A year before my schoolteacher had a terrible breakdown, he terrorized us all on a daily basis. What a schoolroom that was -- part concentration camp, part asylum.
Lessons were held in a high roofed, high windowed room at the top of the building. If you were passing by on the street you could often hear his shouts.
In the last year that he taught at our school he had become obsessed with Irish grammar. Of course teaching it to us, his terrified charges, offered him ample opportunities to punish us for our mistakes.
“Feicim an fear atá sásta,” he would say. I see the man who was satisfied.
But looking at him, with his facial twitches and his eyes out on stalks, it was hard to imagine that he’s known a moment’s satisfaction in his life. “Agus aris,” he would say. And again.
Martin Murphy was 12 like me, but working class. He had a kind, open face and a touching inability to retain arcane Irish tenses.
And so every day, without fail, the cane would descend around his ears like Pentecostal fire. “Agus aris,” said the principle, with mounting intensity.
I usually got it right. One particular day I didn’t. But my father had status and connections and, distracted as he was, I could see the principle calculate.
My schoolmates looked on in silence, wearily anticipating a judicial travesty. Would he dare? Or would there be a swift exoneration?
No, determined our teacher, the proclamation said cherish all the children equally, there really was nothing for it. He made me hold out my hands at arms length, palms turned upward.
I noticed that he had chosen ash wood for his cane, and that he had wrapped green tape around both ends. It gave a terrifying whooshing sound as it knifed the air in two. Then, connecting with my small for my age hands, it echoed through the room with an unearthly smack.
It smarted, badly. Even at the age of 12 I already knew this -- caning isn’t undertaken to punish the receiver. It’s undertaken to relieve the giver.
Generations of Irish men were raised like this. And no one at the time had a word to say about it.
Occasionally a concerned parent, usually a man, would arrive at the school gate to confront him, but it was usually to threaten violence, not discuss falling school grades.
Ireland was changing, corporal punishment would shortly be outlawed, and mental health issues would stop being so taboo, but not quite yet. Not in time to help us. That meant we still had to run the terrifying daily gauntlet he had prepared for us.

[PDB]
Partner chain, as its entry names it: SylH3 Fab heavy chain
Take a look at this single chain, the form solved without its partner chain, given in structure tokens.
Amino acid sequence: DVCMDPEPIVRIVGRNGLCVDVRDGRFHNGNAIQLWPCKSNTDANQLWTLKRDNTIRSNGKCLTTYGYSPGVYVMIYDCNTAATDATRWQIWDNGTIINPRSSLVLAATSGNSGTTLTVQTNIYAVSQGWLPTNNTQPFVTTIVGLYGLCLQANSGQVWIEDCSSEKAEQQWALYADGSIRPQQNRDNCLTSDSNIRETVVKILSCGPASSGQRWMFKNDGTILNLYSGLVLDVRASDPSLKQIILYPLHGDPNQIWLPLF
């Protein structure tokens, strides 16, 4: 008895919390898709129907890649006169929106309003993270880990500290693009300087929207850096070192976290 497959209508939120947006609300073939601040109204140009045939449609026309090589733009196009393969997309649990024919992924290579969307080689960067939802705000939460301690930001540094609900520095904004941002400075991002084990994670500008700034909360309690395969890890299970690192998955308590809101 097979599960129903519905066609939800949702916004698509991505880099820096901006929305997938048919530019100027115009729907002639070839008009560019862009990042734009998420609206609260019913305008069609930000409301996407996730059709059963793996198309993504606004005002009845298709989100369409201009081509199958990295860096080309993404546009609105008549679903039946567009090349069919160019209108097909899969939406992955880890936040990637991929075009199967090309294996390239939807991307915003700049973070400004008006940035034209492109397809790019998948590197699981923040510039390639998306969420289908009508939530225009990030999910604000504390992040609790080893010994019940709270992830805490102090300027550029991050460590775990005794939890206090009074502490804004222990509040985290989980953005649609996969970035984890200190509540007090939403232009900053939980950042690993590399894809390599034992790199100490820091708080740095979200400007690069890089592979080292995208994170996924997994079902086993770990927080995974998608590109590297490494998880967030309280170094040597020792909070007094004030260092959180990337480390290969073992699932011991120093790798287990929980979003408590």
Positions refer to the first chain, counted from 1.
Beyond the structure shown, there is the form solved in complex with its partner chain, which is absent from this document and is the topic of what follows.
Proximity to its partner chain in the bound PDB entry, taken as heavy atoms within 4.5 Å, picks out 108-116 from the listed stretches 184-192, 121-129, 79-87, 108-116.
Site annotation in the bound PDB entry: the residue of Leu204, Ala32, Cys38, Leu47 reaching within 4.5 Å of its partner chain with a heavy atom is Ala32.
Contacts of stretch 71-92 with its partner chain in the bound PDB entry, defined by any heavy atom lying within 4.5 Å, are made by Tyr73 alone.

The adults in my town knew this was going on but they didn't intervene. Not a word was said about it. Many of them had had worse experiences themselves with other teachers years earlier. That was how they rationalized it to themselves.
Besides, my teacher had been a good man, it was sad to see him unravel, and it would have been a confirmation that he was unraveling if they intervened.
In Ireland nothing brings the nation to a halt faster than an issue that is crying out for resolution. We are a cautious people, reflexively conservative, we like to anticipate where the path will take us, and we don't set out until we think we know. It can make us far too slow to act.
Now, I can see that my teacher had once been a very good one once. But he needed help, and what he got instead was silence. And that silence papered over the truth of what was happening to him -- and us -- from that day to this.
It was very hard to be young and entrusted to an adult who's increasingly erratic behavior startled us. Honestly, it was hard enough growing up to begin with, we weren't equipped for this challenge yet, but apparently neither was our community.
It's common to read articles lamenting how much more authentic, how much more laudable Ireland (and it's people) was in the old days. I don't agree. My heart goes out to my old teacher now, because he meant well, and he was simply overwhelmed.
The thing that got to him, the thing that spread to us, the enemy of us all, was silence. Breaking that silence is the greatest work we can do.
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